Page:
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House of Commons Library: Briefing Paper:  Number 07819, 8 March 2018: Constituency casework: schools in Scotland

House of Commons Library: Briefing Paper: Number 07819, 8 March 2018: Constituency casework: schools in Scotland

sufficient number of places in adequate schools for all children of school age. The legislation directly relevant to the opening, closing or status change of a school is The Education (Scotland) Act 1980 , as amended and the Schools (Consultation) (Scotland) Act 2010 , as amended. In that context, education authorities may undertake reorganisation of their school estate at any time. School closures (or rationalisations), amalgamations or altering catchment areas can be prompted by many factors such as changing population patterns and the need to provide suitable school buildings for pupils and teachers. 4
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House of Commons Library: Briefing Paper Number 08083: 9 May 2019: Gypsies and Travellers

House of Commons Library: Briefing Paper Number 08083: 9 May 2019: Gypsies and Travellers

4.3 Transparency and accountability will also be enhanced by the requirement for CCGs that are benefitting from the health inequalities funding adjustment to set out for the first time how they are targeting that funding to improve the equity of access and outcomes. The Long-Term Plan renews our commitment to commissioning, partnering with and championing local charities, social enterprises and community interest companies providing services and support to vulnerable and at-risk groups, including Gypsy, Roma and Travellers, which we recognize as leading innovators in their field and key partners in helping us achieving our ambitions to promote equality and reduce health inequalities. 4.4 In addition, the inclusion group of health charities within the Health and Wellbeing Alliance, which includes Friends Families and Travellers, have identified a small number of common themes which would help improve experience and outcomes for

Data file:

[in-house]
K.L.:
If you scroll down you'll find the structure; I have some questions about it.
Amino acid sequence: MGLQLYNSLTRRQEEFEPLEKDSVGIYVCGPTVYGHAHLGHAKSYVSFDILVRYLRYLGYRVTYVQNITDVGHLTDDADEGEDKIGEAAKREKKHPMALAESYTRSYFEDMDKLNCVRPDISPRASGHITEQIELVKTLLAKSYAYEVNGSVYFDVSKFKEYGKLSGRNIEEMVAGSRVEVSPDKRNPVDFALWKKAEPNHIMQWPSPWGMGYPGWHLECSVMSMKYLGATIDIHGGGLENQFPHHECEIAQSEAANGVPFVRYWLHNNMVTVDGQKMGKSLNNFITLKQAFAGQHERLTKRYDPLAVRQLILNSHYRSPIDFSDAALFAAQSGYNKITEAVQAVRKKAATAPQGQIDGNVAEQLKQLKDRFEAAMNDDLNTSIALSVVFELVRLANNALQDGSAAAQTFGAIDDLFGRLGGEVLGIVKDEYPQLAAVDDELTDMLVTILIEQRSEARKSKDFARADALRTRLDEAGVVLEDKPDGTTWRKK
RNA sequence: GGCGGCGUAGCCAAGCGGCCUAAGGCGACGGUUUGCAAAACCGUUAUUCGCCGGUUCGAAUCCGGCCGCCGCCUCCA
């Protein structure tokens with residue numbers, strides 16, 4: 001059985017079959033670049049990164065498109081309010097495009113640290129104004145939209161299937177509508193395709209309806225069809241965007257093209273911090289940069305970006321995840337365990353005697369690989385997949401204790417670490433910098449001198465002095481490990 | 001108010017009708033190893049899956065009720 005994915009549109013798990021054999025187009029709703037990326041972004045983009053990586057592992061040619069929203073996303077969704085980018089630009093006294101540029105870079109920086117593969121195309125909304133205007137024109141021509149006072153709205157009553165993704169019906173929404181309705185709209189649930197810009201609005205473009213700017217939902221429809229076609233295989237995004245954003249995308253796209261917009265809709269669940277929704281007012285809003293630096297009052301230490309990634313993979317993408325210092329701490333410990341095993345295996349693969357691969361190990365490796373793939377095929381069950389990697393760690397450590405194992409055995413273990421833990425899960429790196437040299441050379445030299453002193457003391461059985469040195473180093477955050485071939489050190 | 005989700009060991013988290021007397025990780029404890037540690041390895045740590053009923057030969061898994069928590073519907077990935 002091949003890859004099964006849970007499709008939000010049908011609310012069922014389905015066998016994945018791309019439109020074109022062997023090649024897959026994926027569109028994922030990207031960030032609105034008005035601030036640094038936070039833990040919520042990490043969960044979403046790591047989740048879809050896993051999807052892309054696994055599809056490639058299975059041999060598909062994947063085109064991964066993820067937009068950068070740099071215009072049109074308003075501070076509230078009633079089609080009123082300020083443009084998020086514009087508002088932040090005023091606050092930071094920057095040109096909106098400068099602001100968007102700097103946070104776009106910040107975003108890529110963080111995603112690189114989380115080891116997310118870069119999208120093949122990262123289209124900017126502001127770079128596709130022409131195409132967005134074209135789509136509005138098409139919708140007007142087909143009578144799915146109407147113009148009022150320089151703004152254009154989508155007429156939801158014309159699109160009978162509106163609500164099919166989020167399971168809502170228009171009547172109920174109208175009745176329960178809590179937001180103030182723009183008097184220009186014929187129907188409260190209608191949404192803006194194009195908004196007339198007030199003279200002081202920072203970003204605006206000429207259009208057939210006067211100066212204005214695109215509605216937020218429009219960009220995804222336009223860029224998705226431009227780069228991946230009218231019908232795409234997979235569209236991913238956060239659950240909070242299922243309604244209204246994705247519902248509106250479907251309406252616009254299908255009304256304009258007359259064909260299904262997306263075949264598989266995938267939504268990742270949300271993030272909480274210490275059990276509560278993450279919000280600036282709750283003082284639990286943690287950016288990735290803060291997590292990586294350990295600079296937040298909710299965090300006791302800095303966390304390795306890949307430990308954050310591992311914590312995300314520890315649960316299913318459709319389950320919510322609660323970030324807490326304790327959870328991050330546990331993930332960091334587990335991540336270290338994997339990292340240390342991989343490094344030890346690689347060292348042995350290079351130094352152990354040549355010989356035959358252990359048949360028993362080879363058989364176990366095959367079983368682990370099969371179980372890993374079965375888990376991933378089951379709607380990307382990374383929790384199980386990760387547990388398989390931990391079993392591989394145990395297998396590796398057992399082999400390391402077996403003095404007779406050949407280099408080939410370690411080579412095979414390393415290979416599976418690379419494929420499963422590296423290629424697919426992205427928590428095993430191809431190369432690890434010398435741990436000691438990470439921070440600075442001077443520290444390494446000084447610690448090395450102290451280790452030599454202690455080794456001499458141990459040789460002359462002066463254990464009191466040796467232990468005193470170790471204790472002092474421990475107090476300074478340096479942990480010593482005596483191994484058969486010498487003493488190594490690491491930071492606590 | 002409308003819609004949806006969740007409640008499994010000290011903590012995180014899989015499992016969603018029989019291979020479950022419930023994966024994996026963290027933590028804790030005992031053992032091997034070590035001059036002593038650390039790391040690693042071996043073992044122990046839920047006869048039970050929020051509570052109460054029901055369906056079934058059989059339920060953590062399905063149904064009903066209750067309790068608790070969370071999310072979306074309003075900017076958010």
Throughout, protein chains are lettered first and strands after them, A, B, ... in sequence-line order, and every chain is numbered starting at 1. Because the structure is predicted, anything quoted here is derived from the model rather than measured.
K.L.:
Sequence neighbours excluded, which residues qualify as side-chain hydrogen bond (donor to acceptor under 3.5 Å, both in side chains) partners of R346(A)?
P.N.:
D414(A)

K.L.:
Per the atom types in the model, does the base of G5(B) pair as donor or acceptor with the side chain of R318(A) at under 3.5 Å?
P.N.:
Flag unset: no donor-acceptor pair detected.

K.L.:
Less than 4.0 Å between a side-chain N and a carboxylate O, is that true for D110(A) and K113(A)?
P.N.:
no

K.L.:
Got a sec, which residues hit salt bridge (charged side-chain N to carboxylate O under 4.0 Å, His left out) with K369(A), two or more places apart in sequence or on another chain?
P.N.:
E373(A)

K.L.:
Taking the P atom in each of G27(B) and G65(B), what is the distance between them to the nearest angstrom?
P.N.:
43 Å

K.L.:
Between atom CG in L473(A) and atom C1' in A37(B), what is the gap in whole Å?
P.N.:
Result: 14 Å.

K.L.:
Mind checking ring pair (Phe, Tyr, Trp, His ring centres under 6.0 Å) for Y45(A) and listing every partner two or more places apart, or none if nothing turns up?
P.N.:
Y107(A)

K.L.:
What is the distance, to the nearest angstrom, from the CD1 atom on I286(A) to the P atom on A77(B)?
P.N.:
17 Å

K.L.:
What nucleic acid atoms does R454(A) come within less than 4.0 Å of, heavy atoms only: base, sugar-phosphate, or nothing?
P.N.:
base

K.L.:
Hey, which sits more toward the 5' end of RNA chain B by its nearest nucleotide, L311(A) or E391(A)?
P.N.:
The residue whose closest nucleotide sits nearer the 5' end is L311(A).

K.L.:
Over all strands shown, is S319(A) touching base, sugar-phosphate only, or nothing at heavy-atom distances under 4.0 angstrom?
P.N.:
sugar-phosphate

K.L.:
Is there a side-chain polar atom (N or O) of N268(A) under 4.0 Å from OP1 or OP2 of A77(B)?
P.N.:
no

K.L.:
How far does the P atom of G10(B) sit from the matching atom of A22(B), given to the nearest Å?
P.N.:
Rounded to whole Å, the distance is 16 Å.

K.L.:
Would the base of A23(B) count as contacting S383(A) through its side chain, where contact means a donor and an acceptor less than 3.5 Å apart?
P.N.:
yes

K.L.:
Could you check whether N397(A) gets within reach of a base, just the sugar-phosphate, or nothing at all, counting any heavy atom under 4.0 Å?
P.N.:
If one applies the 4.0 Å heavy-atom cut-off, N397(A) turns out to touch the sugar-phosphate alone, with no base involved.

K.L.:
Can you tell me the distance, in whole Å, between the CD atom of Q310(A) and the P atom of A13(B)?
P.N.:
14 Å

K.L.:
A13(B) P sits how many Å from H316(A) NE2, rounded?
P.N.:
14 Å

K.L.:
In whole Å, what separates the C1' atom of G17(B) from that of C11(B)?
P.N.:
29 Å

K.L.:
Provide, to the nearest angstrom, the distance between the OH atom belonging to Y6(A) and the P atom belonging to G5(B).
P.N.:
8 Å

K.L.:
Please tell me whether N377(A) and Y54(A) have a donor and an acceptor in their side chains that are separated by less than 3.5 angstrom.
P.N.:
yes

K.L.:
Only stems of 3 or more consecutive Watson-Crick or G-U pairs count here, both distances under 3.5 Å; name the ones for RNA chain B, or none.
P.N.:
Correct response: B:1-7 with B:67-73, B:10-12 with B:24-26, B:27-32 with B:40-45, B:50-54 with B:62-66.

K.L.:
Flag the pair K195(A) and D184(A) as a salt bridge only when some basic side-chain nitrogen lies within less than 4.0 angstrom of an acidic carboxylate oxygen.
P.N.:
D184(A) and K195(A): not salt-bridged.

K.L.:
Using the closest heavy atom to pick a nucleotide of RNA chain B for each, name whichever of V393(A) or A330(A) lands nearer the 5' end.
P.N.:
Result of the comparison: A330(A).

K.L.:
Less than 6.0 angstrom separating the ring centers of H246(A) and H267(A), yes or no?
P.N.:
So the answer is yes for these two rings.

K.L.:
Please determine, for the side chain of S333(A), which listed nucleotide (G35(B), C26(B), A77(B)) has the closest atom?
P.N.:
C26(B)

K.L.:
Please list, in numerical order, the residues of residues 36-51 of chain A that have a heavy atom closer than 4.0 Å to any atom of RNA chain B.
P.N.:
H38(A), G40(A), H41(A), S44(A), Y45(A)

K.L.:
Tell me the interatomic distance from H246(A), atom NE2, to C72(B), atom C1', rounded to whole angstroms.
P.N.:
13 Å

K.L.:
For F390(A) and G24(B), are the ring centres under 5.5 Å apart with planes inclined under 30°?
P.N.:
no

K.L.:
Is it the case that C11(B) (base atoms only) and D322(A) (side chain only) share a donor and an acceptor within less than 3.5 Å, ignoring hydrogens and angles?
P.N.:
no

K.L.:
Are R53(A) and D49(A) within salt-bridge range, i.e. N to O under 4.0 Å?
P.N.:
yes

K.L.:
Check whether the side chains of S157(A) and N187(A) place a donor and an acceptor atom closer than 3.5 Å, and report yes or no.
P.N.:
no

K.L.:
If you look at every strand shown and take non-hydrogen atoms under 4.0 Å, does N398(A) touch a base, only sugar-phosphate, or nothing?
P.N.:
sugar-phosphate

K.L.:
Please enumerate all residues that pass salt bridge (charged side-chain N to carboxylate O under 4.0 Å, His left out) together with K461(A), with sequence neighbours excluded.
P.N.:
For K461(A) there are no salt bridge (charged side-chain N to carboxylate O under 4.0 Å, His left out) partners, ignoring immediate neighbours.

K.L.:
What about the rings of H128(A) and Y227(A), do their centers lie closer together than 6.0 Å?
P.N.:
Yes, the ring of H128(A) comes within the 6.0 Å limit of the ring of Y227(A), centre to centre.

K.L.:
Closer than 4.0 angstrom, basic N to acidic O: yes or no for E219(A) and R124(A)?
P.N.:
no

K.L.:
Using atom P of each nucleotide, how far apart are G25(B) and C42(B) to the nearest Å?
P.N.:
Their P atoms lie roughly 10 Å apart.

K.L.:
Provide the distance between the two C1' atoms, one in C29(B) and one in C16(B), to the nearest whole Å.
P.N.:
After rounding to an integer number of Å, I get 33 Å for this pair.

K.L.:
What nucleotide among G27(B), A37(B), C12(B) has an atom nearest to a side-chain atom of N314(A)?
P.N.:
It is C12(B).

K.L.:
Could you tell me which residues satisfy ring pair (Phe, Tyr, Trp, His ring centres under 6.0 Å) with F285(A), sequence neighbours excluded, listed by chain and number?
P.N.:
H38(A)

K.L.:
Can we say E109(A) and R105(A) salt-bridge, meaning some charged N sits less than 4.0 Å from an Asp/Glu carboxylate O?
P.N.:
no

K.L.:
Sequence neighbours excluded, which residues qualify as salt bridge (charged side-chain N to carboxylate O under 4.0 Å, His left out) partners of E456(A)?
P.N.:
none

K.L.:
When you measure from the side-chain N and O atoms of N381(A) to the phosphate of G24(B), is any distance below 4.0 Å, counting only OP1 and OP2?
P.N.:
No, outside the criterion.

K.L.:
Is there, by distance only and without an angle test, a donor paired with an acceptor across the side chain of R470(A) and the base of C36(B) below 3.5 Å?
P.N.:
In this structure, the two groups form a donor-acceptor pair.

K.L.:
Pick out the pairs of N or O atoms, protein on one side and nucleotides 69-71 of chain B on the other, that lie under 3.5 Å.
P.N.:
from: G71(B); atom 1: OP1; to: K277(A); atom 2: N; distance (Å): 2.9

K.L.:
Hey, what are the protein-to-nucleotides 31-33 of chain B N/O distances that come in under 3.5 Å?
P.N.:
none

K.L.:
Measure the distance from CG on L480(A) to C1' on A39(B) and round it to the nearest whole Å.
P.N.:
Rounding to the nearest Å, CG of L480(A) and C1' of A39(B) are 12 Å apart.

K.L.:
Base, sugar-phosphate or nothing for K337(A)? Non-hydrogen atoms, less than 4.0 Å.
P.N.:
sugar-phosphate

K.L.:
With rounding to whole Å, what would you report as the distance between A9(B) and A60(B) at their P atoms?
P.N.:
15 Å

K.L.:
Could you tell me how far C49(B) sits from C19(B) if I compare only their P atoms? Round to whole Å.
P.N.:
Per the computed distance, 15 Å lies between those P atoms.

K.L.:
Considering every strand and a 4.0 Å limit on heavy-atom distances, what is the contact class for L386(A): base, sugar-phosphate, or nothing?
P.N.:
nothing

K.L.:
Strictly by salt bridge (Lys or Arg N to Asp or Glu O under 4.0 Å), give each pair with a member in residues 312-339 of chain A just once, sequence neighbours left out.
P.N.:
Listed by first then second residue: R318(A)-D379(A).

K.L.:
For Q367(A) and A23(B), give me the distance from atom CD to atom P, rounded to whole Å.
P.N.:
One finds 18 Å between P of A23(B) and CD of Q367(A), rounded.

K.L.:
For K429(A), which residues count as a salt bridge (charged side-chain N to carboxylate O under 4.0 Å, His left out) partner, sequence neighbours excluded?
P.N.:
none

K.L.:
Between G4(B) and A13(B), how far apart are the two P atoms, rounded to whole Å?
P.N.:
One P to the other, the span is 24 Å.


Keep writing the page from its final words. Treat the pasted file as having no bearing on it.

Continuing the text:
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House of Commons Library: Briefing Paper: Number 8389, 5 April 2019: Returns to a degree

House of Commons Library: Briefing Paper: Number 8389, 5 April 2019: Returns to a degree